Celebrating someone’s birthday in June? The themed birthstones for June are Pearl and Moonstone!
Pearl and its close sibling moonstone are the birthstones associated with June. And they couldn’t be more perfect for the (Northern Hemisphere) summer, especially in the UK. Because June signals the start of ‘the season’ and an endless stream of events to dress up for: tennis at Wimbledon, racing at Ascot, rowing at Henley… plus those wedding invites sitting on the mantelpiece (2020 excepted)! The chance to get some sun and look good (weather permitting) surely creates a positive and uplifting mood, so it’s a great time to get out the jewellery to match special outfits.
Pearl and moonstone jewellery are natural partners for these summer occasions – they are classic and classy, adding a subtle shimmer in the sunlight. And even if you can’t make it on the day, you can enhance your look with pearls, even if your outfit’s just a jeans and tee ensemble. Faceted gemstones often don’t work dressed down, but the pearl’s convex purity can elevate without being showy. As a gift, pearls are timeless but don’t have to be boring. They actually come in different shapes and designs. You know you can't go wrong giving these - they are ultimately acceptable.
Lily Gardner London’s pearl collection is designed as jewellery you can wear daily as well as for dressier choices. So you know you are giving something that will be well received and worn.
Our hammered silver, pearl and gold necklaces, bracelets and earring sets make great June birthday gifts for someone who likes to look coordinated whenever the occasion. And for someone who appreciates stylish on-trend jewellery.
For a slightly dressier occasion, our seed pearl earrings are exactly what she will need. And, of course, the smaller cluster pearl earrings and single drop earrings make ideal partners with a work suit. They are classically elegant and discreet.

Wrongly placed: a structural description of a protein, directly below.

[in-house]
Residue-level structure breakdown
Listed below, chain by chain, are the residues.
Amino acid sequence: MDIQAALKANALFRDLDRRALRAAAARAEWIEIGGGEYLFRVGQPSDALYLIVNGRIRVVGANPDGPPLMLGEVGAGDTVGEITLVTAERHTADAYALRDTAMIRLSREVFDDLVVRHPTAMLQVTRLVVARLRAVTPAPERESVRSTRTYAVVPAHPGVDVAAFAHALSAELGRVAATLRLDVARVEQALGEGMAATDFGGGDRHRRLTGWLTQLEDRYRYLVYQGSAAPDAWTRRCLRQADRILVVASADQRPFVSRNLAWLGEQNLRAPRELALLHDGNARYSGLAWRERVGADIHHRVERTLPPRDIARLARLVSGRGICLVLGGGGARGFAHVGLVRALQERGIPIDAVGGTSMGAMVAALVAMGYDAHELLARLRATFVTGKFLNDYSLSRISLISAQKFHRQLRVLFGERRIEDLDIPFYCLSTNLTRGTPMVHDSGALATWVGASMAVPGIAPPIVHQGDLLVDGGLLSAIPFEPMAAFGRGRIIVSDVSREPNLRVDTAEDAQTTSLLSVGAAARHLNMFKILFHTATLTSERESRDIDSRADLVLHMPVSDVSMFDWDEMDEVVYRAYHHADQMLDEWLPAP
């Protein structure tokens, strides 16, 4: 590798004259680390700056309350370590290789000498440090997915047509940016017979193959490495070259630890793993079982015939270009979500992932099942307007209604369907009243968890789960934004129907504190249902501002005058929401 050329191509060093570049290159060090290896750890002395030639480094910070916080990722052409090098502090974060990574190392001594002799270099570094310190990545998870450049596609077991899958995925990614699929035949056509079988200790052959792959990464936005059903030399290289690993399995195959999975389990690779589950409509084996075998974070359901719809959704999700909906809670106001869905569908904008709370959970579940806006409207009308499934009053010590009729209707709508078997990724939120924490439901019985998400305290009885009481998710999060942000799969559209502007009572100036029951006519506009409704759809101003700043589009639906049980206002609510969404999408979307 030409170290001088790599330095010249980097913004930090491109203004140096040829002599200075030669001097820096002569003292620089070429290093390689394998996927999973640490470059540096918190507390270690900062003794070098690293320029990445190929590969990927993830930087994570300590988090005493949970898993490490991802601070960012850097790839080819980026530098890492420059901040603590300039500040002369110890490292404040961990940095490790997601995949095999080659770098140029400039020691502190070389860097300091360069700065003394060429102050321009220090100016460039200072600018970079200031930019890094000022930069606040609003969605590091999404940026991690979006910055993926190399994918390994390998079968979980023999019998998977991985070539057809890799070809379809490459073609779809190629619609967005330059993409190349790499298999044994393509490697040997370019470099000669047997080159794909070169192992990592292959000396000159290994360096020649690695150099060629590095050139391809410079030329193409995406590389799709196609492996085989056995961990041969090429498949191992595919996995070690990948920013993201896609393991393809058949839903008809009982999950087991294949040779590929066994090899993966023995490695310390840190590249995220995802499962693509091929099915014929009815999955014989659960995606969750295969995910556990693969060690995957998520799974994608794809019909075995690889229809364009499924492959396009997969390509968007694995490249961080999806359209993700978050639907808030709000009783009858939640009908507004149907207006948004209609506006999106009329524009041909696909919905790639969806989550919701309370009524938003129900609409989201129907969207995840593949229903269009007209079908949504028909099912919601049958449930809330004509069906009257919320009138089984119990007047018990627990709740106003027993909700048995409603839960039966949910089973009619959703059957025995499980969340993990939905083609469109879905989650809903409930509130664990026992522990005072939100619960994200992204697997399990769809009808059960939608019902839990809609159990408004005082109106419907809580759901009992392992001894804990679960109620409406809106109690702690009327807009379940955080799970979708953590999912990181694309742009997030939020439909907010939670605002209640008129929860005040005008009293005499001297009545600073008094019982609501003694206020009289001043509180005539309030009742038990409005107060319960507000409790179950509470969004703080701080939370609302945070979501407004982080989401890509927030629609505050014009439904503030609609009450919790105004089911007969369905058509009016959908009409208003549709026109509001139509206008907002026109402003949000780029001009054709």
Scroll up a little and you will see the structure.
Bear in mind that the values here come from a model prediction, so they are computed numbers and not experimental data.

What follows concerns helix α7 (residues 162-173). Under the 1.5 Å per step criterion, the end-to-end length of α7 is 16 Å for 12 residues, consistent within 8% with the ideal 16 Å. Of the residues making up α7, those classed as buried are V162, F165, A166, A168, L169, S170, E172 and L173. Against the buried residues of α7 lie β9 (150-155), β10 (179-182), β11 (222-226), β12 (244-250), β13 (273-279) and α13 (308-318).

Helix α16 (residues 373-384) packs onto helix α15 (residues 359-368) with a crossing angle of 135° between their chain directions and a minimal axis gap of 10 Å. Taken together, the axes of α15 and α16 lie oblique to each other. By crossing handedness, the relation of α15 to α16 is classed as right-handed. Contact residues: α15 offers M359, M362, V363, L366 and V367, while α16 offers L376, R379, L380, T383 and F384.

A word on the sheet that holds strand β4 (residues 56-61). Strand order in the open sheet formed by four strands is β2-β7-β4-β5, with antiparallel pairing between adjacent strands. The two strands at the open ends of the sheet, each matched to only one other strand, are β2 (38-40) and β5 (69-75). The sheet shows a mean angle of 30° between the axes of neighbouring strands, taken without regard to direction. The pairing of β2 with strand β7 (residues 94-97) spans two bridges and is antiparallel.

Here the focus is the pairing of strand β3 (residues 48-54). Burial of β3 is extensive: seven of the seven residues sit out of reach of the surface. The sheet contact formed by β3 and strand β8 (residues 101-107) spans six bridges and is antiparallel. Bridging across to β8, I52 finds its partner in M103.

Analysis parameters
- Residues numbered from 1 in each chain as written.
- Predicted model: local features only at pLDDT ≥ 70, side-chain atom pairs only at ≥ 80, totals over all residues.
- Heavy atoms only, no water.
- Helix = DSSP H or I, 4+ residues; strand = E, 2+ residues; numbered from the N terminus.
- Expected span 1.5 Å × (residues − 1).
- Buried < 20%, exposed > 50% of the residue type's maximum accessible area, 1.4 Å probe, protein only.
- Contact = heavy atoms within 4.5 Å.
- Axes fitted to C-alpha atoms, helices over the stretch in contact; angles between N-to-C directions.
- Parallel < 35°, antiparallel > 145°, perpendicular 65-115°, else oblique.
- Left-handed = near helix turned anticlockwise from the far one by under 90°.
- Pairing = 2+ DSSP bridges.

Pearls form in an oyster as concentric layers of calcium carbonate build around a small speck to create a superb iridescent sphere or teardrop.
Natural (or wild) pearls are very rare. For many centuries, pearls were very expensive as they could only be obtained by opening hundreds of oysters. Cultured pearls are formed in pearl farms, using human intervention as well as natural processes.
The ancient Greeks believed that pearls were the tears of joy of Aphrodite, the goddess of love.
In the words of Jacqueline Kennedy, First Lady and style icon: “Pearls are always appropriate”.
Moonstone’s name is derived from its pearly and opalescent sheen, or schiller, caused by light diffraction across its surface.
The Romans admired moonstone, believing it to be derived from the solidified rays of the Moon. More recently it became popular during the Art Nouveau period, with Lalique using it in much of his jewellery.
The simple, elegant shades of white and subtle shimmer of moonstone made it a favourite setting in gold and silver jewellery among the ancients from India and the Celtic tribes of Europe.
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